The causes of increased internal bulb decay in 2014 and 2015 were not determined, but excessive heat is suggested as a contributing factor since 2014 and 2015 were as warm or warmer than 2016–18.

Soil and bulb temperature were associated negatively with bulb yield and bulb grade in this study in the Treasure Valley. As a result, application of straw mulch attenuated the negative effects of heat on bulb yield and bulb rot under the semiarid conditions in this long-day region of onion production in eastern Oregon.

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  • du Toit, L.J., Waters, T. & Reitz, S. 2016 Internal dry scale and associated bulb rots of onion Pacific Northwest Ext Publ. 686 1 8

  • Feibert, E 2022 Effects of 2021 weather on onion variety trial performance Oregon State Univ Malheur Expt Sta Annu Rpt. 2021, Dept of Crop and Soil Sci Ext/CrS 167 47 56

    • Search Google Scholar
    • Export Citation
  • Glenn, D.M., Prado, E., Erez, A., McFerson, J. & Puterka, G.J. 2002 A reflective, processed-kaolin particle film affects fruit temperature, radiation reflection, and solar injury in apple J. Amer. Soc. Hort. Sci. 127 188 193 https://doi.org/10.21273/jashs.127.2.188

    • Crossref
    • Search Google Scholar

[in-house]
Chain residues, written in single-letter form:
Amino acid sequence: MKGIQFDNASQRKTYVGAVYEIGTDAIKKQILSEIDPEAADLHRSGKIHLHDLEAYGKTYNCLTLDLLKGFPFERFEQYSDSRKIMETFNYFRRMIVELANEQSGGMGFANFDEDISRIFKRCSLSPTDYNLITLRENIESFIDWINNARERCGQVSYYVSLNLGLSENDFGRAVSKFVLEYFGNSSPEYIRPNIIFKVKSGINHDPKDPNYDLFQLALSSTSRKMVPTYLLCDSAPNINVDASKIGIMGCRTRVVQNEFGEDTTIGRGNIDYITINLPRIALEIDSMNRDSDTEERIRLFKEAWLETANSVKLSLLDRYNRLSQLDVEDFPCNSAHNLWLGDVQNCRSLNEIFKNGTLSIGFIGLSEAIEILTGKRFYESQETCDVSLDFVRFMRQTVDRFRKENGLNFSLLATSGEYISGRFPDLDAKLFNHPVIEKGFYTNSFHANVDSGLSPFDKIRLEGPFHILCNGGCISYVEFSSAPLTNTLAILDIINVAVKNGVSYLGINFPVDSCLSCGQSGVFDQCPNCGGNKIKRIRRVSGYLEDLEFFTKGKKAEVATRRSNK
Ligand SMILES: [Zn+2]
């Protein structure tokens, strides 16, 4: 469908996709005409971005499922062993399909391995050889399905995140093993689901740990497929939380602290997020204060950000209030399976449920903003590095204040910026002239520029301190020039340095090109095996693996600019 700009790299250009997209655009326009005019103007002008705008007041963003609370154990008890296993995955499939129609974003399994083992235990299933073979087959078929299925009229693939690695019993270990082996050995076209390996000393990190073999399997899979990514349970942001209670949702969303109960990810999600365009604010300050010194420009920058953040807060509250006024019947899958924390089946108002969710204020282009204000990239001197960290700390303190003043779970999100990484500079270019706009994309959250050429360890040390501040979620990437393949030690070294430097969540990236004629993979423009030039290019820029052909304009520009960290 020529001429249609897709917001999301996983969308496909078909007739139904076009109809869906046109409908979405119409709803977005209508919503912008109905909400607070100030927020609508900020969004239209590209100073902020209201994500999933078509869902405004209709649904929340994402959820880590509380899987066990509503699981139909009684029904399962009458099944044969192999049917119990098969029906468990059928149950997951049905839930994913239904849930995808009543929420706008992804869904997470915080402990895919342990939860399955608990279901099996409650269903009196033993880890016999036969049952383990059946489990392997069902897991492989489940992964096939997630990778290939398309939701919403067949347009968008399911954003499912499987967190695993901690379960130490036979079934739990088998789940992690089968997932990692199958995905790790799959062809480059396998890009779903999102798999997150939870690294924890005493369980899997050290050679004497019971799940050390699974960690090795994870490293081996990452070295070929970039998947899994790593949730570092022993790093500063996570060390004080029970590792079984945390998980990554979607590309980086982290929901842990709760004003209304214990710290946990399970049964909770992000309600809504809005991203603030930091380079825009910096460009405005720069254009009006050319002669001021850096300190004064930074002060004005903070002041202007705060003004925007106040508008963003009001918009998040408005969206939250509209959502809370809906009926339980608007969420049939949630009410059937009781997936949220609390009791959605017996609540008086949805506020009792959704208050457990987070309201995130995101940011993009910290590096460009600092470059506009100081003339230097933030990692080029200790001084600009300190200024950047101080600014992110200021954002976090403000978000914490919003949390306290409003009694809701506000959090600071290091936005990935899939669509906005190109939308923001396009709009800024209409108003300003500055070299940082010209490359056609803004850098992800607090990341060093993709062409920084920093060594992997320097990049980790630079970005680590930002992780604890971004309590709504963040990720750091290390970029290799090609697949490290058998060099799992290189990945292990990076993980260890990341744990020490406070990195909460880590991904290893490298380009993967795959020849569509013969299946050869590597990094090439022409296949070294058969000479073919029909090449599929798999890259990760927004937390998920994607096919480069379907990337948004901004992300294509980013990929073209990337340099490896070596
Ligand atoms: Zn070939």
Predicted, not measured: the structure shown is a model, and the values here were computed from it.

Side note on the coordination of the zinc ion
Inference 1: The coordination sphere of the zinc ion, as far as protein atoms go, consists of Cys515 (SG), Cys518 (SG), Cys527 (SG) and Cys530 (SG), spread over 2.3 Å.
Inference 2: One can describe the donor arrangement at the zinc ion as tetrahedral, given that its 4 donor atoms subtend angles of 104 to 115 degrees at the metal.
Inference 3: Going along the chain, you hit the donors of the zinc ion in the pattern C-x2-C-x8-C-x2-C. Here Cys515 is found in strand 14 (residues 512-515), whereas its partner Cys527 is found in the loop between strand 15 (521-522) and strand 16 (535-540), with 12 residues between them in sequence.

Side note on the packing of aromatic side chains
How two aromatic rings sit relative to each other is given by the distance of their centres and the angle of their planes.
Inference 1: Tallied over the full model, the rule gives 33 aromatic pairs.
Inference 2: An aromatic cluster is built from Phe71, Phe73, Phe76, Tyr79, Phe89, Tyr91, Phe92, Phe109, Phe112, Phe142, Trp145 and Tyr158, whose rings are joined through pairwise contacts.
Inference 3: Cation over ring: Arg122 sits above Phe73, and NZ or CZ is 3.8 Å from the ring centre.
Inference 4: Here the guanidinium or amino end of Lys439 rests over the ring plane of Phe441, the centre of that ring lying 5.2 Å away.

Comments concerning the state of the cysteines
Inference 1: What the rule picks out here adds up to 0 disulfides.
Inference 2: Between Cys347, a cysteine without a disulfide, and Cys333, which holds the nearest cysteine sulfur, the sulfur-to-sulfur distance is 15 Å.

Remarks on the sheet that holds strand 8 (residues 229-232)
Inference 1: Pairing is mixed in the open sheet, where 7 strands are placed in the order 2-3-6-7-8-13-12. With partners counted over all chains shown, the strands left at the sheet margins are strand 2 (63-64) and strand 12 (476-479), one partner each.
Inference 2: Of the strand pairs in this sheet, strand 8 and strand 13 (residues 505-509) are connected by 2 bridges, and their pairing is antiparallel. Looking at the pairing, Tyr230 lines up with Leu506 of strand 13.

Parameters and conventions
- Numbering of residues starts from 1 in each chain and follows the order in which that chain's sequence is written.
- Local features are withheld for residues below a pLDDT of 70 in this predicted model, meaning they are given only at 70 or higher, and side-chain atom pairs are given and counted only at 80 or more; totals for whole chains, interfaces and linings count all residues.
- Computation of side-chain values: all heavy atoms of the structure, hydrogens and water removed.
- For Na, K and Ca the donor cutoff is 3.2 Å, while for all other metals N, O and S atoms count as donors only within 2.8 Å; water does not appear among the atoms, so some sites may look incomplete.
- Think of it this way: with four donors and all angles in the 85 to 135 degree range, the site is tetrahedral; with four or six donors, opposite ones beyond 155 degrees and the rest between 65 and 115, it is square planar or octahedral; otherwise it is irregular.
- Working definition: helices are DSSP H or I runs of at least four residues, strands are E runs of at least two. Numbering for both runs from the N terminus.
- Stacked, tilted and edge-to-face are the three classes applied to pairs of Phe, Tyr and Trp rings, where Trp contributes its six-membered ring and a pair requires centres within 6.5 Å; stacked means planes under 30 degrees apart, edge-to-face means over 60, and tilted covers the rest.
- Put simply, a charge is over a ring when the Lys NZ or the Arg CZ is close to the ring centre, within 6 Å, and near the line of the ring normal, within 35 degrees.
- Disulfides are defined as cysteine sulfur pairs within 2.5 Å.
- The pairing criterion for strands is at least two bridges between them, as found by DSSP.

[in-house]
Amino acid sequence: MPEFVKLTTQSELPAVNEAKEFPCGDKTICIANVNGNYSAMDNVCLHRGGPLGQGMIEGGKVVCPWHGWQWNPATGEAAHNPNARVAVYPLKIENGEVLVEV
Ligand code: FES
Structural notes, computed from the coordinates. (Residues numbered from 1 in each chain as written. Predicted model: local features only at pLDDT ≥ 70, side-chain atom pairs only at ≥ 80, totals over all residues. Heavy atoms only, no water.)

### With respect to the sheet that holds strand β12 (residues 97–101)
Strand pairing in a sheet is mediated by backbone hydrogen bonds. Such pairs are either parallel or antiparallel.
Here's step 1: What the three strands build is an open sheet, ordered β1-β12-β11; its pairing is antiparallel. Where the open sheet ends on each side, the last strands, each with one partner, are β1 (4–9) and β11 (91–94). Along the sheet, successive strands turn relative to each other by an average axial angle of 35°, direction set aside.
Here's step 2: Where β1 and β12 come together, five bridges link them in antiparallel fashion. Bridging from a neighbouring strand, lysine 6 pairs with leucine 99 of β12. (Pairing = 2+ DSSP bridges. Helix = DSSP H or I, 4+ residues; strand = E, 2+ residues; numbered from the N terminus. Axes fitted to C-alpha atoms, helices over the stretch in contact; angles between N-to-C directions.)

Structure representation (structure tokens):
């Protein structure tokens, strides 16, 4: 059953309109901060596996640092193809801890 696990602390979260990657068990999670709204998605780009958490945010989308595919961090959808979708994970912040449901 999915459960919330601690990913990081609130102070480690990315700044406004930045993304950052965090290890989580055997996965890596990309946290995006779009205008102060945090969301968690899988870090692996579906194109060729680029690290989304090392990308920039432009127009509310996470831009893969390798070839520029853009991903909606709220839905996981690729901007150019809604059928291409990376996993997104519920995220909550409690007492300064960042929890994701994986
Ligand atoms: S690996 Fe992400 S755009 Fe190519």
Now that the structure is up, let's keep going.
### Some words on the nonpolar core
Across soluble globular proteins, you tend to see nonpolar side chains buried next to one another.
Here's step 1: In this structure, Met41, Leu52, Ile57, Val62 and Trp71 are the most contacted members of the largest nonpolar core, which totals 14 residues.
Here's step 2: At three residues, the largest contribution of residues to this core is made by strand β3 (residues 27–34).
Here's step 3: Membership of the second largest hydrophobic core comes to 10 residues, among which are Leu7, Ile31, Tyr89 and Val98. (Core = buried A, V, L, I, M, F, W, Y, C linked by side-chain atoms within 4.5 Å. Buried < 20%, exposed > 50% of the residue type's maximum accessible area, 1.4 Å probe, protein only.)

• Export Citation
  • Igbadun, H.E., Ramalan, A.A. & Oiganji, E. 2012 Effects of regulated deficit irrigation and mulch on yield, water use and crop water productivity of onion in Samaru, Nigeria Agr. Water Mgt. 109 162 169 https://doi.org/10.1016/j.agwat.2012.03.006

    • Crossref
    • Search Google Scholar
    • Export Citation
  • Inusah, B.I.Y., Wiredu, A.N., Yirzagla, J., Mawunya, M. & Haruna, M. 2013 Effects of different mulches on the yield and productivity of drip irrigated onions under tropical conditions Int. J. Agric. Res. 1 133 140

    • Search Google Scholar
    • Export Citation
  • Kader, M.A., Senge, M., Mojid, M.A. & Ito, K. 2017 Recent advances in mulching materials and methods for modifying soil environment Soil Tillage Res. 168 155 166 https://doi.org/10.1016/j.still.2017.01.001

    • Crossref
    • Search Google Scholar
    • Export Citation